510:502:01 Historian's Craft: II (Intro Course)
Professor Jennifer Mittelstadt
Introduction to the professional study of history, to the diverse methodological approaches of current historiography, and to the place of historical scholarship in both academic and non-academic spheres. First year graduate students only.
510:535:01 Colloquium in Science, Technology, Environment and Health
Professor James Delbourgo
Prospective students who wish to discuss any aspects of the course should contact James Delbourgo at firstname.lastname@example.org
510:539:01 Colloquium in the History of Women
Professor Johanna Schoen
Prospective students who wish to discuss any aspects of the course should contact Johanna Schoen at email@example.com.
510:541:01 Colloquium in World History: Middle Ages in A Global Framework
Professor Samantha Kelly
Prospective students who wish to discuss any aspects of the course should contact Samantha Kelly at firstname.lastname@example.org
510:554:01 Readings in African American History II
Professor Donna Murch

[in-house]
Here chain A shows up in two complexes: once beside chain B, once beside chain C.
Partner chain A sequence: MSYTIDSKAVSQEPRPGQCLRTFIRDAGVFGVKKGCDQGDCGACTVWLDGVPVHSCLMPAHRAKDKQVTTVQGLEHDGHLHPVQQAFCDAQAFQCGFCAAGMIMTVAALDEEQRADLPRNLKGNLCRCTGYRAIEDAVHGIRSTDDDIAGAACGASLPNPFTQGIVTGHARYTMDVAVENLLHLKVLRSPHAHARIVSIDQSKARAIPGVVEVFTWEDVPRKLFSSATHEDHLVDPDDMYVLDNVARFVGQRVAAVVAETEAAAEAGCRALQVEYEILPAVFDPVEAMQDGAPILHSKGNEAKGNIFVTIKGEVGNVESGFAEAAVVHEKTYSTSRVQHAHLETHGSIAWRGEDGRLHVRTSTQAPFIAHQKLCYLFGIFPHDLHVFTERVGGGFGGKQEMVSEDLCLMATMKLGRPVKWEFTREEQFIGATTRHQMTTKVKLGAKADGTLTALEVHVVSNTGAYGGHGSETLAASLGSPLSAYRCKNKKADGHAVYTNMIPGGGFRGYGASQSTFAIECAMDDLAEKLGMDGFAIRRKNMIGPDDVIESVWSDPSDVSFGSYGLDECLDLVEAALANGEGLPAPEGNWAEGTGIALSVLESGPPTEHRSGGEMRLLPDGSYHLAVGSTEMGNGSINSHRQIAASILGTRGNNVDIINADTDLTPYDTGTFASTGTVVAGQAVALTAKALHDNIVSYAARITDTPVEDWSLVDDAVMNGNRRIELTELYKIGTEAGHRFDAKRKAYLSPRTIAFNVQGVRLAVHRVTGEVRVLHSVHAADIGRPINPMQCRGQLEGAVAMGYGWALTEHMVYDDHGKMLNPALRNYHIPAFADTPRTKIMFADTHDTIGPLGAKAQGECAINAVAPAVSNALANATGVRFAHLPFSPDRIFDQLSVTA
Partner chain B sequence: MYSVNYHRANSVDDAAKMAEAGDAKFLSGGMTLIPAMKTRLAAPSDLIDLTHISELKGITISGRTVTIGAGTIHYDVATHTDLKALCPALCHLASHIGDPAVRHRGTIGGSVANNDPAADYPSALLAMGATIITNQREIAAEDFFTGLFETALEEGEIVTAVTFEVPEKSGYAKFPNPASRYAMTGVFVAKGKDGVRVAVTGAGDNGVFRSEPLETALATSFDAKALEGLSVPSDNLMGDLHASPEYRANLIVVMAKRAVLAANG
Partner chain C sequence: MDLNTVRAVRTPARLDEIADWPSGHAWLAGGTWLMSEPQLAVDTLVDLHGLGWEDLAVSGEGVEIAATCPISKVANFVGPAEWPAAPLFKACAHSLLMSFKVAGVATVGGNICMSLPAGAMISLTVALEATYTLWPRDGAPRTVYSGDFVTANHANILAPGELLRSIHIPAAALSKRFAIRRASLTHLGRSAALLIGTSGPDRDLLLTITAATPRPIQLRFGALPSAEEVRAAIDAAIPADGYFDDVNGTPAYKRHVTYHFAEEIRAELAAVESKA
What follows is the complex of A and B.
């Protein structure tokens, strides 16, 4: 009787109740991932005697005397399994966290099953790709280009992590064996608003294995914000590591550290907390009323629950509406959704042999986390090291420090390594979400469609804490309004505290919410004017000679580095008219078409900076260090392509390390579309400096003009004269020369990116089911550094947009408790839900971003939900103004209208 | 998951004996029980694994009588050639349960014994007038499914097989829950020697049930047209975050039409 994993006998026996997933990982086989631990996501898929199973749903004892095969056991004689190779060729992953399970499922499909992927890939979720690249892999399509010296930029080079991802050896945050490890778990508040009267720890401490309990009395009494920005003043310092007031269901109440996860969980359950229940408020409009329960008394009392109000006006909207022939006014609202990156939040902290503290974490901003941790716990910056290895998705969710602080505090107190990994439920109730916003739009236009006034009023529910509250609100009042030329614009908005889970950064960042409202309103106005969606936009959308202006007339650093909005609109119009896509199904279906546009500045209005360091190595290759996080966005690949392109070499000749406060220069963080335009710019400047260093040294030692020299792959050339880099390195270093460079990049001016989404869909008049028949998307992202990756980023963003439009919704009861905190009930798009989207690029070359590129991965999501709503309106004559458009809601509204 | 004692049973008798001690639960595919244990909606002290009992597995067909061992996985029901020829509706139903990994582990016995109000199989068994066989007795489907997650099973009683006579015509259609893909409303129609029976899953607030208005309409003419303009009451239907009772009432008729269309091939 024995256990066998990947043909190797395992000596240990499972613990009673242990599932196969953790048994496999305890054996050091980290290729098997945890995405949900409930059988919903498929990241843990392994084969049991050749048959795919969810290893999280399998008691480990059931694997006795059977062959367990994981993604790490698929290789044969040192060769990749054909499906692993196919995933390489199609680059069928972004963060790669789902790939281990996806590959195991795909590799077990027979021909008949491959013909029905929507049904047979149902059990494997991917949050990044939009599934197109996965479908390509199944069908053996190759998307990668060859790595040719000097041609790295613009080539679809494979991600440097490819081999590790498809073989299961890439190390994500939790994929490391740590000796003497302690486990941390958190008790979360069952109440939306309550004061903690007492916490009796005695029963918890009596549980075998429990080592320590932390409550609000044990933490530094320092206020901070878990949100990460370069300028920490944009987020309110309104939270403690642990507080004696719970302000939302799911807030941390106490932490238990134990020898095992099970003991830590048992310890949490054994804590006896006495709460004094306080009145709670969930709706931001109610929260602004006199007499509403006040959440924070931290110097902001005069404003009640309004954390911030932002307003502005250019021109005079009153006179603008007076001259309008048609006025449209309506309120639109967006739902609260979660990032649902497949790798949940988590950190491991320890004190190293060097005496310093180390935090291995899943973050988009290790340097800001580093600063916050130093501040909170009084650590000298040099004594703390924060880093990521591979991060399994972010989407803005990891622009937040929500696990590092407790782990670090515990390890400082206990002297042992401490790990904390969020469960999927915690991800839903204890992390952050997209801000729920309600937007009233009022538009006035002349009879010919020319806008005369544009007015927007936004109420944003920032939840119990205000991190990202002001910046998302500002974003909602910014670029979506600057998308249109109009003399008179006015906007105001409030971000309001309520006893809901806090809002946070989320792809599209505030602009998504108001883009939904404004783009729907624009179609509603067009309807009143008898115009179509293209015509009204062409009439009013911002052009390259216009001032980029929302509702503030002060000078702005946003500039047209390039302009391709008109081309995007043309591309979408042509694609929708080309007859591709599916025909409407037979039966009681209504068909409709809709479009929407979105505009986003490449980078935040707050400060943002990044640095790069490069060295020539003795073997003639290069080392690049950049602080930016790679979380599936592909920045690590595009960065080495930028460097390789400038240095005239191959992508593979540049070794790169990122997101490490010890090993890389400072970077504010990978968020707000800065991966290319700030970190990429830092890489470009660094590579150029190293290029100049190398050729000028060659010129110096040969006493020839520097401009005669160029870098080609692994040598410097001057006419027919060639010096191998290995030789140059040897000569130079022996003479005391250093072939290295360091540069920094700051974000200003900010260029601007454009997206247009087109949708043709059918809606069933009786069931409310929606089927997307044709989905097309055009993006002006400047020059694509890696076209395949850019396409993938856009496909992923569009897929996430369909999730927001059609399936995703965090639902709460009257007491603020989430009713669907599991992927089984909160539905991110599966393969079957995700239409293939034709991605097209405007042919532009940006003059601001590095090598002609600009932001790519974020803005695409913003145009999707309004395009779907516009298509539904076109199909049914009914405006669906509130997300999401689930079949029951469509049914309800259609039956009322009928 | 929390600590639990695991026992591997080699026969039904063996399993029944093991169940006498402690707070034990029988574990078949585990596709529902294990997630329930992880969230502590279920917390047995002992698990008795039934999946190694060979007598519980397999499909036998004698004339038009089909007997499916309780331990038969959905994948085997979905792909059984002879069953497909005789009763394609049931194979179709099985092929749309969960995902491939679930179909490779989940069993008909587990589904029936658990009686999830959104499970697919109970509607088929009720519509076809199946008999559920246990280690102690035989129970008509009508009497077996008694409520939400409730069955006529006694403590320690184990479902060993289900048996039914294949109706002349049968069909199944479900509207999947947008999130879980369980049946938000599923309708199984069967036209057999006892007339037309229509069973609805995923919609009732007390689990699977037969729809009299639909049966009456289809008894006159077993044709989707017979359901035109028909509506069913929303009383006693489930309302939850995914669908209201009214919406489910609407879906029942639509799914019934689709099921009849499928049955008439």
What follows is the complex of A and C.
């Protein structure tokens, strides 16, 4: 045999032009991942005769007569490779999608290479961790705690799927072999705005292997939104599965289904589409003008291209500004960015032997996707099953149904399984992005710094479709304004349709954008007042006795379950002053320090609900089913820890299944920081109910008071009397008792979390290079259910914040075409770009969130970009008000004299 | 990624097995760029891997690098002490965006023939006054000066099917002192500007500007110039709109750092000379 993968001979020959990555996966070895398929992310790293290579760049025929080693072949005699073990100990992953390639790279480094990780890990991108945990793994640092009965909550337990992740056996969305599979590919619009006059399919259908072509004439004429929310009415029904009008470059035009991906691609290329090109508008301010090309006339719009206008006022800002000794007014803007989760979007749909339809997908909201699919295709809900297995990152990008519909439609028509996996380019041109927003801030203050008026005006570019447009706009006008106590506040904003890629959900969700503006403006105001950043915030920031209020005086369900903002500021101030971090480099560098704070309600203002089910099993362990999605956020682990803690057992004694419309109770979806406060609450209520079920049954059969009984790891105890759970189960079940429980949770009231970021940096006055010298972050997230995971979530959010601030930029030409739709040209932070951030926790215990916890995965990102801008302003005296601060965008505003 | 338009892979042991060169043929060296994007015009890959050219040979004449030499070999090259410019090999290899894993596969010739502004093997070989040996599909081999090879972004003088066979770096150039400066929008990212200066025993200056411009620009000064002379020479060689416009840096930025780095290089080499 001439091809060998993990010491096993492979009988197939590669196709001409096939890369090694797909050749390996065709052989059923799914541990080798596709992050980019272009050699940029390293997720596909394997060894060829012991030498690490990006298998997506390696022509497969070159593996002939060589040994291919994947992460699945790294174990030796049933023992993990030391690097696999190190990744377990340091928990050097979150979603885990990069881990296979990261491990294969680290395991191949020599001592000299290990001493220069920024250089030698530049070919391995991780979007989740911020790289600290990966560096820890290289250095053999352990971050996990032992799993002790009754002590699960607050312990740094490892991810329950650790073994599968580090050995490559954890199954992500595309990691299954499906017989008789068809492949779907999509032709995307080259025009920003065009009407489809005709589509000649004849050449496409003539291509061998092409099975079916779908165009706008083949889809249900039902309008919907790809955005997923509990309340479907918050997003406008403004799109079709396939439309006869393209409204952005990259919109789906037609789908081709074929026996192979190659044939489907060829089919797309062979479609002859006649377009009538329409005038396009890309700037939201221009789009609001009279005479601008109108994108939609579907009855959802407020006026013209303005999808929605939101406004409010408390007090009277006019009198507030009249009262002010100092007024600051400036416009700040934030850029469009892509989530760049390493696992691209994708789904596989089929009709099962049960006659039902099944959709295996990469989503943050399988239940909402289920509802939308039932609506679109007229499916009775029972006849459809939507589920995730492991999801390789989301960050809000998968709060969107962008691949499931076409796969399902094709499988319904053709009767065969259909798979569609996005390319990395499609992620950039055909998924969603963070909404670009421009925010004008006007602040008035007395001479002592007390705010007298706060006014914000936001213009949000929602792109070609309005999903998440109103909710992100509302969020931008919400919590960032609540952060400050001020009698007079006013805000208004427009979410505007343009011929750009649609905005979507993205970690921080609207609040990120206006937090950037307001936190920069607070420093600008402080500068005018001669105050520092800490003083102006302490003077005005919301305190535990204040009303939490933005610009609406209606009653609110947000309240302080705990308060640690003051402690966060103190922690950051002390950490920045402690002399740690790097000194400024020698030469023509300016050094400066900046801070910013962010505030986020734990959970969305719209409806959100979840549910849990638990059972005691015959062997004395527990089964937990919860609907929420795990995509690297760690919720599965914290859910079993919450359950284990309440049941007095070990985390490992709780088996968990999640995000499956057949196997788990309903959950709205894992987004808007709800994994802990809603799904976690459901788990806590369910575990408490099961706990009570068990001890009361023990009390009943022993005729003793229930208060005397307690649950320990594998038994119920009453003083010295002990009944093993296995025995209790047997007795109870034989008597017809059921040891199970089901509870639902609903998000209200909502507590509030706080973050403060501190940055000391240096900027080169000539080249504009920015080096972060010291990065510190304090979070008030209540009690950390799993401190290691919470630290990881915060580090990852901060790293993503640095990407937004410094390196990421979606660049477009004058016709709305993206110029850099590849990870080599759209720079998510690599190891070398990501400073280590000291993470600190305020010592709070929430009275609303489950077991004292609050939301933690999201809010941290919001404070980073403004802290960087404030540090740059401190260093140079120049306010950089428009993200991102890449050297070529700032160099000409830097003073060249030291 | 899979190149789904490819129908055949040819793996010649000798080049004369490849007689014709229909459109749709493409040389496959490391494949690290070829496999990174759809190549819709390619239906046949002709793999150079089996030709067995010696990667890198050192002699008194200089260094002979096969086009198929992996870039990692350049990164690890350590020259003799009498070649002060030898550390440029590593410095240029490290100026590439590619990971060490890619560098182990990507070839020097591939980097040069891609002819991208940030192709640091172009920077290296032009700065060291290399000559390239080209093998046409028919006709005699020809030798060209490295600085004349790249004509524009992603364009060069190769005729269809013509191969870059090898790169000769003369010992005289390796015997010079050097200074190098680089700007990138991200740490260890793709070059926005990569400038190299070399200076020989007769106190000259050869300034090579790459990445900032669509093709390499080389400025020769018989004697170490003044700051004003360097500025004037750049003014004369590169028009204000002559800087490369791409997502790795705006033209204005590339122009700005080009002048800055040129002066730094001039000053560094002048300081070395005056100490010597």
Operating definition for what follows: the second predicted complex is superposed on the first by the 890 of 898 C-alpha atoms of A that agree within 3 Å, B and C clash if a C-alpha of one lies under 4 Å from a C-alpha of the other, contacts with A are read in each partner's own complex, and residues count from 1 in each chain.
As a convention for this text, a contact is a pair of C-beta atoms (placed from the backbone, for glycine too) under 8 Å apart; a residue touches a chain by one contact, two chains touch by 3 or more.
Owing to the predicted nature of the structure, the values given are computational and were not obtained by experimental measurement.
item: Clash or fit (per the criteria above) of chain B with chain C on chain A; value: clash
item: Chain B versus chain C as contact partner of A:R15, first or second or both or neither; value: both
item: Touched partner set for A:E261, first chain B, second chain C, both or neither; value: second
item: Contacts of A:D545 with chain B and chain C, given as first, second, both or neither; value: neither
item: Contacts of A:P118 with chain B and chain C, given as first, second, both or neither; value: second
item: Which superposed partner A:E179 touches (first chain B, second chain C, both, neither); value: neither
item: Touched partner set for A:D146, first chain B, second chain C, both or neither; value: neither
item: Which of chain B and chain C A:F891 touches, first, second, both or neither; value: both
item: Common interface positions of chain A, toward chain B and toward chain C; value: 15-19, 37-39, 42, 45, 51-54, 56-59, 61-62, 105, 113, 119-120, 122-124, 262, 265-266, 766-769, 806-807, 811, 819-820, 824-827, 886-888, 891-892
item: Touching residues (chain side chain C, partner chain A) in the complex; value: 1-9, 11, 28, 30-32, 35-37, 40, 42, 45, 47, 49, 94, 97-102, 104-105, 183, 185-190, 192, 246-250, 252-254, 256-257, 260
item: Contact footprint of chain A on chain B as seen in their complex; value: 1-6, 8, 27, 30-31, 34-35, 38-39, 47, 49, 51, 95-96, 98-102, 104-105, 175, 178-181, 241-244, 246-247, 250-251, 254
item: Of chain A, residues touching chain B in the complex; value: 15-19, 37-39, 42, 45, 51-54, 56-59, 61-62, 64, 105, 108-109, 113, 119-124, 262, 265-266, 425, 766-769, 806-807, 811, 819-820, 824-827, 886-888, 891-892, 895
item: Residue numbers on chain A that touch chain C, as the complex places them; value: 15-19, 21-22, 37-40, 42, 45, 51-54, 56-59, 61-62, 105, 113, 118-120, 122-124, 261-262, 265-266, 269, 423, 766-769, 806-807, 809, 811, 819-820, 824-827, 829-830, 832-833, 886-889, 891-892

Prospective students who wish to discuss any aspects of the course should contact Donna Murch at email@example.com
510:563:01 Colloquium in African American History: Violence and Vice: Readings in Black Women’s History
Professor Kali Gross
In the past four decades, Black Women’s History has grown exponentially, moving from a few pioneering books to a robust field of study. Historians have explored enslavement, black women’s resistance and activism and have charted labor movements and mapped the lives of everyday African-American women. Yet key areas remain in need of richer exploration—Black Queer histories, expanded studies of the black experience of the carceral state, and examinations of violence and vice. Our course will study works that interrogate these themes to better understand how scholars undertake this research. At the same time, we will consider how these issues play out in the lives of everyday black women—paying particular attention to the ways that black women’s efforts at erotic and bodily sovereignty often collide with the regulatory forces of the state. Relatedly, we will also consider the intersection of sex, sexualities, and the intermingling of brutality and the illicit, to ponder the seemingly inextricable linkages between sex and violence in notions of black womanhood.